- Adventure Travel
- Travel Misadventures
- Bucket List
- All Posts
- Media & PR
There are plenty of distinctive animals on this planet, but Australia seems to have more than its fair share of them. From the much-feared dropbear to the adorable quokkas of Rottnest Island, there’s an animal in this country to catch anyone’s imagination. Of all those animals, I think one of the most famous yet misunderstood is the diminutive Tasmanian devil.
Most people’s impressions of the Tasmanian devil are of a big brown animated creature that likes to grunt and growl and spin around the world in tornadoes, and while much of this characterisation is based in truth, it is slightly exaggerated. I doubt any devil has ever been observed working itself into such a tizz that it turns into a tornado, but nearly every one that I’ve seen has run in constant circles, only stopping if curiosity or hunger gets the better of them. And, while being as consistently loud as Taz would probably have consequences in the wild, these little characters can make one hell of a racket when they want to — especially if someone is stealing their food!
Tasmanian devils feature in nearly every wildlife park in Australia, but none more prominently than those in Tasmania, their native island. Knowing it would probably be my best chance to see the nocturnal Tasmanian devil up close and personal — and knowing that it was a park dedicated to helping recover the Tasmanian devil population rather than just a place to keep animals in captivity — I signed up for an evening tour of the Devils@Cradle wildlife sanctuary as soon as I arrived in the Cradle Mountain area.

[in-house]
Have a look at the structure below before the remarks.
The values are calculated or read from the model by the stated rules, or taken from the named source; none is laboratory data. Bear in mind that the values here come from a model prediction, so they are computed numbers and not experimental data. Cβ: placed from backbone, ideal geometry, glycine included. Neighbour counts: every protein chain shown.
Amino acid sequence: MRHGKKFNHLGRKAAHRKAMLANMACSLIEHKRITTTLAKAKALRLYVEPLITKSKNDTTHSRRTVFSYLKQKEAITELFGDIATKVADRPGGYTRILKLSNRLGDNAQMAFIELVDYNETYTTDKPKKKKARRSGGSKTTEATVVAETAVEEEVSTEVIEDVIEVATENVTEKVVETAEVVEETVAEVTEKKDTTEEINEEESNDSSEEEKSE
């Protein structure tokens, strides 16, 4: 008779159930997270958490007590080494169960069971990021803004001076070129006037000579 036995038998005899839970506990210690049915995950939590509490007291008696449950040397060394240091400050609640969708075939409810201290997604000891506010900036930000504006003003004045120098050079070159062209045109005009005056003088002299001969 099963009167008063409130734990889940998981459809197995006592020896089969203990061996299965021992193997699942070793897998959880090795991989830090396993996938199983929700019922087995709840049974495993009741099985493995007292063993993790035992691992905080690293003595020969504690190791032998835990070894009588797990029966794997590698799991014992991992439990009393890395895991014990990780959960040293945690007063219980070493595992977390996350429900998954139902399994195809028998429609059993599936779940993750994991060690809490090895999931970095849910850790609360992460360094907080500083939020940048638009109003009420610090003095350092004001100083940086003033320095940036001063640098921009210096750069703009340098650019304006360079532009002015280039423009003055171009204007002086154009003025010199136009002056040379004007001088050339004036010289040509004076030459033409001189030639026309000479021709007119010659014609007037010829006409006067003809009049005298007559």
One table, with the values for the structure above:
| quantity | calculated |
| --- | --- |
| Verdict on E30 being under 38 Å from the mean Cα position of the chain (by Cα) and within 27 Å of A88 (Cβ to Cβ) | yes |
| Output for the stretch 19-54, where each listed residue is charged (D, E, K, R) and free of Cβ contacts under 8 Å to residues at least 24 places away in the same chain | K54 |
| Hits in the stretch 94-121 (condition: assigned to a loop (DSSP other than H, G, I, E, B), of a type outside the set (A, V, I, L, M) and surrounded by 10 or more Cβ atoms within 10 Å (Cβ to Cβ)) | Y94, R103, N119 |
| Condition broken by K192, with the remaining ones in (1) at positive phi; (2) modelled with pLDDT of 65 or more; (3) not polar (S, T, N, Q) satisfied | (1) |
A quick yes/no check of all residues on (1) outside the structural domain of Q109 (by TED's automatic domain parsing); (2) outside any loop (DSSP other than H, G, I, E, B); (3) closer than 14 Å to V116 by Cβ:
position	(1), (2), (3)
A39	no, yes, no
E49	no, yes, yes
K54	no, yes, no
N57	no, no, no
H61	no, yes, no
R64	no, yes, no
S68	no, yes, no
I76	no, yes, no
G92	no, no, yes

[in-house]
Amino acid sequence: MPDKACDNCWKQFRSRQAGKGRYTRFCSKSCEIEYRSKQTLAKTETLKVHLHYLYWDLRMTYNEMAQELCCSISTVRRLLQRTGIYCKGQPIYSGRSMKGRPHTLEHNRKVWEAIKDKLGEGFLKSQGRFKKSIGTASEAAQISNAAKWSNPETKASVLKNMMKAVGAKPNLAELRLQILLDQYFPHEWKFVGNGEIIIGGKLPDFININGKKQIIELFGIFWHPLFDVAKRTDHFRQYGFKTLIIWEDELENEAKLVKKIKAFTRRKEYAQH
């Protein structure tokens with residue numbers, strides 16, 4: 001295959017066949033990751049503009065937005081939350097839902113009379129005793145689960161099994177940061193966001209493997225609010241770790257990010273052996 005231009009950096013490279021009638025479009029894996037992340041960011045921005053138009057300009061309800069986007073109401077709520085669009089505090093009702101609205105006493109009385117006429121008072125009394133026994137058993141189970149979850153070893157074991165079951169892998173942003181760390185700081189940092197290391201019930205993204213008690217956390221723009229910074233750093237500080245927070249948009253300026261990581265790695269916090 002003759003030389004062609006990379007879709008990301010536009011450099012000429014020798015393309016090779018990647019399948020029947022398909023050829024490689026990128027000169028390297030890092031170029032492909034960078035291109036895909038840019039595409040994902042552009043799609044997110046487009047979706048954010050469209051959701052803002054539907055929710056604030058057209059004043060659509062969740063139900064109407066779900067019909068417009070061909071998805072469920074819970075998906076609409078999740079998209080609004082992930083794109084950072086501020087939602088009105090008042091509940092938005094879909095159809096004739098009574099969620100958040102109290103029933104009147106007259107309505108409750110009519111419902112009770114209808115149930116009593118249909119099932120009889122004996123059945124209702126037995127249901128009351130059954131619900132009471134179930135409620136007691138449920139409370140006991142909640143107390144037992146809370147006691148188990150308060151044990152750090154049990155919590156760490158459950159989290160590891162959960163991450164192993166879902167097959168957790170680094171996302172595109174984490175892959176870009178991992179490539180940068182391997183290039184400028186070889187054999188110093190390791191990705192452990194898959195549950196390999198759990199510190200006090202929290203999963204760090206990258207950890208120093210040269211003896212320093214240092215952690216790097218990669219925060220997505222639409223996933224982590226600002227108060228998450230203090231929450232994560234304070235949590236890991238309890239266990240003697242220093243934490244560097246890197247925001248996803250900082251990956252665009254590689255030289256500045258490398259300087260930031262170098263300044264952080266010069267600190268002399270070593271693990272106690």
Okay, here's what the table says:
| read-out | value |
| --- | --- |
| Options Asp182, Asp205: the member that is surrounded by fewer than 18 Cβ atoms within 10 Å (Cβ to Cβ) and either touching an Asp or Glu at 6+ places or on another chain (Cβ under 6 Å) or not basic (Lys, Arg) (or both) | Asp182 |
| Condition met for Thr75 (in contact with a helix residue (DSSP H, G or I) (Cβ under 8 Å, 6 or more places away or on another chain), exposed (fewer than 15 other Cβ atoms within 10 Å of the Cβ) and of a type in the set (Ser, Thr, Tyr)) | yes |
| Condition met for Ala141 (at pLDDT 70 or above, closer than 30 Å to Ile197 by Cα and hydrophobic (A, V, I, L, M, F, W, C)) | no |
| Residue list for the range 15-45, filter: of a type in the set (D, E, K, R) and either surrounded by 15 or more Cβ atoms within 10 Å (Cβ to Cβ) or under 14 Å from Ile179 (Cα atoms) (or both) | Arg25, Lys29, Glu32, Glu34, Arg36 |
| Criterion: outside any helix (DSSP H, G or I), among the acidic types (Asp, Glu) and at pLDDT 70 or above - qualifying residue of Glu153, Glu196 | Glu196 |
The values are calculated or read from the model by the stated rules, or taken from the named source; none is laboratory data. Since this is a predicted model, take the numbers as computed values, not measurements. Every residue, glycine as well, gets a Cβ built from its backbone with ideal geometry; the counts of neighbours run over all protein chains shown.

The evening tour was set up quite well. Rather than launching straight into the tour, we were invited to arrive 30 minutes early so we could explore the park on our own. Even in the dim, wintry light, we could see Tassie devils doing what they seem to be best at — running in circles around their enclosures. When a devil’s circle overlapped with that of another in its enclosure — there were usually 2-4 in each — they would do one of two things: (1) completely ignore the other or (2) stop and start making ungodly growling noises at each other. These interactions were plenty enough to keep us entertained until it was time to sit down inside (thankfully) and begin the tour.
The passion our keeper had for the Tassie devil shone through as soon as he began speaking. He may not have been loud or animated, but he knew his stuff and he knew how important it was to educate people about the plight currently facing Tasmania’s native scavenger.
He told us about how, back in the early 1900s, people really started to take an interest in the native wildlife of Tasmania. Then, the population of devils was estimated to be around 100,000. They co-existed with the thylacine (the Tasmanian tiger), a carnivorous marsupial much larger than the devil and resembling the offspring of a dog and a tiger. Unfortunately, the thylacine could not cope with the mass influx of people, European foxes, and feral cats and dogs, and the last (known) one died in a zoo in Hobart in 1936.
While it’s not completely certain that the Tasmanian tiger is extinct — especially because of a number of “sightings” in the late 1990s/early 2000s — the rapid expansion of the Tasmanian devil population seems to indicate that the tiger no longer exists in the ecosystem. By 1996, the devil was the top predator on the island and had numbers in excess of 200K…yet by 2006, that number had dropped to only 10,000 and the Tasmanian devil was officially endangered.
So what happened? Devil Facial Tumour Disease (or DFTD for short). This disease causes massive tumours that take over a devil’s face and inevitably kill it, all within six months (see what it does here). It’s possibly caused by inbreeding, but no one really knows for sure — all they really know is that it virtually wiped out the population of devils within ten years, leading to an explosion in research programs and sanctuaries dedicated to saving the devil. These programs are involved in a race against time to find a cause and cure for DFTD and spend a significant amount of time breeding (to ensure a ‘genetically diverse’ population) and nursing devils without DFTD back to health.